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rise of the tea party movement, or a function of the nation being wary of war after all of these years in both theaters of iraq and afghanistan. meanwhile we also have the development of the so-called arab spring that seemed to portend of the possibility of democracy breaking out. so complex issues, the president and congress trying to work through them. and here we are. >> randall thank you very much. throughout the day we have followed the events unfolding on this the 12th anniversary of the september 11th attacks. we took you to new york city where the names are still being read. it began shortly after 8:46 this
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morning. and ever since they have been reading the names. they will continue to do so until all of the names have been read. we took you to arlington. we took you to the pentagon, where they unfurled the flag this morning at exactly 8:38, and we took you to shanksville, pennsylvania, where they continue to walk down to what is known as the rock, that is the area where flight 93 came down, and we heard those iconic words "let's roll,". and throughout the morning we have been listening to your voices as well, as you look back at 9/11 then and now. >> well, i think it was an awakening for our -- for our country. you know, we got lazy and got to thinking we were invincible, and we let our guard down, and some people a came over and basically punched us in the face. >> what 9/11 means to me is a lot of our freedom in any
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united states is gone. and you do not feel safe in the united states now like you did before. >> it definitely had an impact on the culture in the united states. i don't know -- i don't really like how 9/11 is impacting like privacy and just how the american government has taken -- taken these steps to like prevent terrorism. ♪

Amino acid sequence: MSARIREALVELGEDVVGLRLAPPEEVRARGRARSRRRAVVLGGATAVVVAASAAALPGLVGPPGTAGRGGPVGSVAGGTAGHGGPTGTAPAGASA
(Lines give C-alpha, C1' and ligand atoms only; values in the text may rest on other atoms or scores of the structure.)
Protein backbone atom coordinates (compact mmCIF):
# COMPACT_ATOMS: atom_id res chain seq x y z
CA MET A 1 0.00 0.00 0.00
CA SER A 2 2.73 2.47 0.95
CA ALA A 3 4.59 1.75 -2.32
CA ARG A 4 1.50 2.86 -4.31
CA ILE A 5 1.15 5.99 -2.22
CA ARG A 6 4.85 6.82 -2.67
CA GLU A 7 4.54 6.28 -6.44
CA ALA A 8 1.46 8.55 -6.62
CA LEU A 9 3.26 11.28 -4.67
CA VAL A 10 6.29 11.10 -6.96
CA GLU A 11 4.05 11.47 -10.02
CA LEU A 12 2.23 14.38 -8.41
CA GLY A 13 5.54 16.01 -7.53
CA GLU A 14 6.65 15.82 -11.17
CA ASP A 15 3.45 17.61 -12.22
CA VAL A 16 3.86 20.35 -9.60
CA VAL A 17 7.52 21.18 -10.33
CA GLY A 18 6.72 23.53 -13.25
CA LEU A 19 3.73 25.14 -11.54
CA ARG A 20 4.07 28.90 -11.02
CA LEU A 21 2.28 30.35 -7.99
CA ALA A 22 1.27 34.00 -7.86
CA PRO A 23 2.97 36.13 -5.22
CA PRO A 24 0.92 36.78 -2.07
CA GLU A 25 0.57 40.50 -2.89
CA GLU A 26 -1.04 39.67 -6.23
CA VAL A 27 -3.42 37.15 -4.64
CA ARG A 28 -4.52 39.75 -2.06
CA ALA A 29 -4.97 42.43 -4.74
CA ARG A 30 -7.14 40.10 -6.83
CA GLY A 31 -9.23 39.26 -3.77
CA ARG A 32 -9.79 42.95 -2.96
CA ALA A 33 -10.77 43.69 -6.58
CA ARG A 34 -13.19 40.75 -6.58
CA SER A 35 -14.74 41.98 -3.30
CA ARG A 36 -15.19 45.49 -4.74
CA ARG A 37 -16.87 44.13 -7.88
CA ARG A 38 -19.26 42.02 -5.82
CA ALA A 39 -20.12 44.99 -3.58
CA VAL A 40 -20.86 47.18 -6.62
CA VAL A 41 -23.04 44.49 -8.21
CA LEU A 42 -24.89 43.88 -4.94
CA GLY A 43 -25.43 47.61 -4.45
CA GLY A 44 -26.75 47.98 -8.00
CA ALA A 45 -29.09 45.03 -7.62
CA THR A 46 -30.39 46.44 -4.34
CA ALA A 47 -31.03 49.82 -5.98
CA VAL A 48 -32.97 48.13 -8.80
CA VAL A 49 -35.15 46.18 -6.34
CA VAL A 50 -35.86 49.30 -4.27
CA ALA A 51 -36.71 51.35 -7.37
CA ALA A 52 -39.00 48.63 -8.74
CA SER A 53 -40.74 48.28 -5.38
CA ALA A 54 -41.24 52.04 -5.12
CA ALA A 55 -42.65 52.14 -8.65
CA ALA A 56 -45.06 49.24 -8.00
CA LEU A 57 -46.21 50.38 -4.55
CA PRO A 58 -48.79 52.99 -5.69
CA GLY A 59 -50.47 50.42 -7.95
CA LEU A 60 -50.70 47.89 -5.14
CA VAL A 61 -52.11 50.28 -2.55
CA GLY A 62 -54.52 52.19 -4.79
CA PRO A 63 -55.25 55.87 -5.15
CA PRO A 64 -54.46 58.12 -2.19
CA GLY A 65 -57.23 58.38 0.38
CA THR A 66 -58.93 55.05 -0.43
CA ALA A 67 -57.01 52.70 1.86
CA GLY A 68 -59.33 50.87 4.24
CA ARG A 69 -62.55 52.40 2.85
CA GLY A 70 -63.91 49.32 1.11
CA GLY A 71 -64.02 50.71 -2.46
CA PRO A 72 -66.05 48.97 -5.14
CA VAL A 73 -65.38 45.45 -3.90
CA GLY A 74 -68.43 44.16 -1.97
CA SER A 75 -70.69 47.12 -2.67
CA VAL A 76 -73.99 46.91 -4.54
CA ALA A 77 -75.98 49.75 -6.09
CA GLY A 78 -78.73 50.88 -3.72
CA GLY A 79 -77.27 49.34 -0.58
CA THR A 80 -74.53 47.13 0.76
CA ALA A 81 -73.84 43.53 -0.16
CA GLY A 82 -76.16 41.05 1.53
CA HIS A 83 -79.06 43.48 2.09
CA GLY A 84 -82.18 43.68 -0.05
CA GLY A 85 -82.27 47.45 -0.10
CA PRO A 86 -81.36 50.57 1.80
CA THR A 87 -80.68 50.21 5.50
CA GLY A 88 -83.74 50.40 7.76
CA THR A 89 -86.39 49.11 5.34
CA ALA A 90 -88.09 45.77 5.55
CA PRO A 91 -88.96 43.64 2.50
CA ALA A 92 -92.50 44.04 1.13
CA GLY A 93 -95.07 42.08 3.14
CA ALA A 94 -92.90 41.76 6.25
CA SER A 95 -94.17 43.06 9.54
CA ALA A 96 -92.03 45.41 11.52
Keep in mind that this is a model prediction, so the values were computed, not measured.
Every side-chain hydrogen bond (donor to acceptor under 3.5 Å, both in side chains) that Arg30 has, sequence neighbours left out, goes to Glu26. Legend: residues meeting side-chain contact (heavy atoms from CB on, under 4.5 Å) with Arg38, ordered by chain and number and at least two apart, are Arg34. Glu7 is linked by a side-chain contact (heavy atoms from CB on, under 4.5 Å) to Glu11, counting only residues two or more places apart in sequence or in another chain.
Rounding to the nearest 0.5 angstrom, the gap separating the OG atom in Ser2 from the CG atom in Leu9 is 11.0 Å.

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>> welcome back to our live continuing coverage of september 11th, then and now. the names continue to be read at
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the site where the twin towers collapsed some 12 years ago. they have been doing so since 8:46 this morning. they will continue reading the names for another hour and a half. we want to pause, though, we want to take time-out from our coverage right now to bring you up to date on some of the other stories making news at that hour. as the president pauses to actually mark the anniversary of 9/11, he is also taking a step back from his plans to launch an attack on
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[ technical difficulties ]
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>> the president every year on 9/11 goes to a local food bank and pitches in and helps out for a while. but as there is a pause, so there is a delay now in congress. you heard the president walking that fine line last night, on the one hand making a case for strikes against syria, and on the other hand saying wait a minute, hold on, we want to cool things down on any political and legislative front. we want to see howe this initiative that is brokered by russia plays out. much of what he said last night, very familiar, and everything that has come out of both secretary of state kerry and his presentation and the president's remarks and interviews, and various venues. the only thing that changed last night was the time of day and the venue.
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the president can turn around that backsliding, frankly the loss -- that erosion of public support, and the loss of support from congress. there was supposed to be a vote today in the senate. that was postponed. the presidenting went forward with that speech last night anyway, a lot of folks sort of relieved. it would have been a bad vote for leadership. and everything is on hold now as we await the meeting in geneva. >> i want you to listen to senator rand paul, and then we're talk on the backside. >> all right. >> the possibility of a diplomatic solution is a good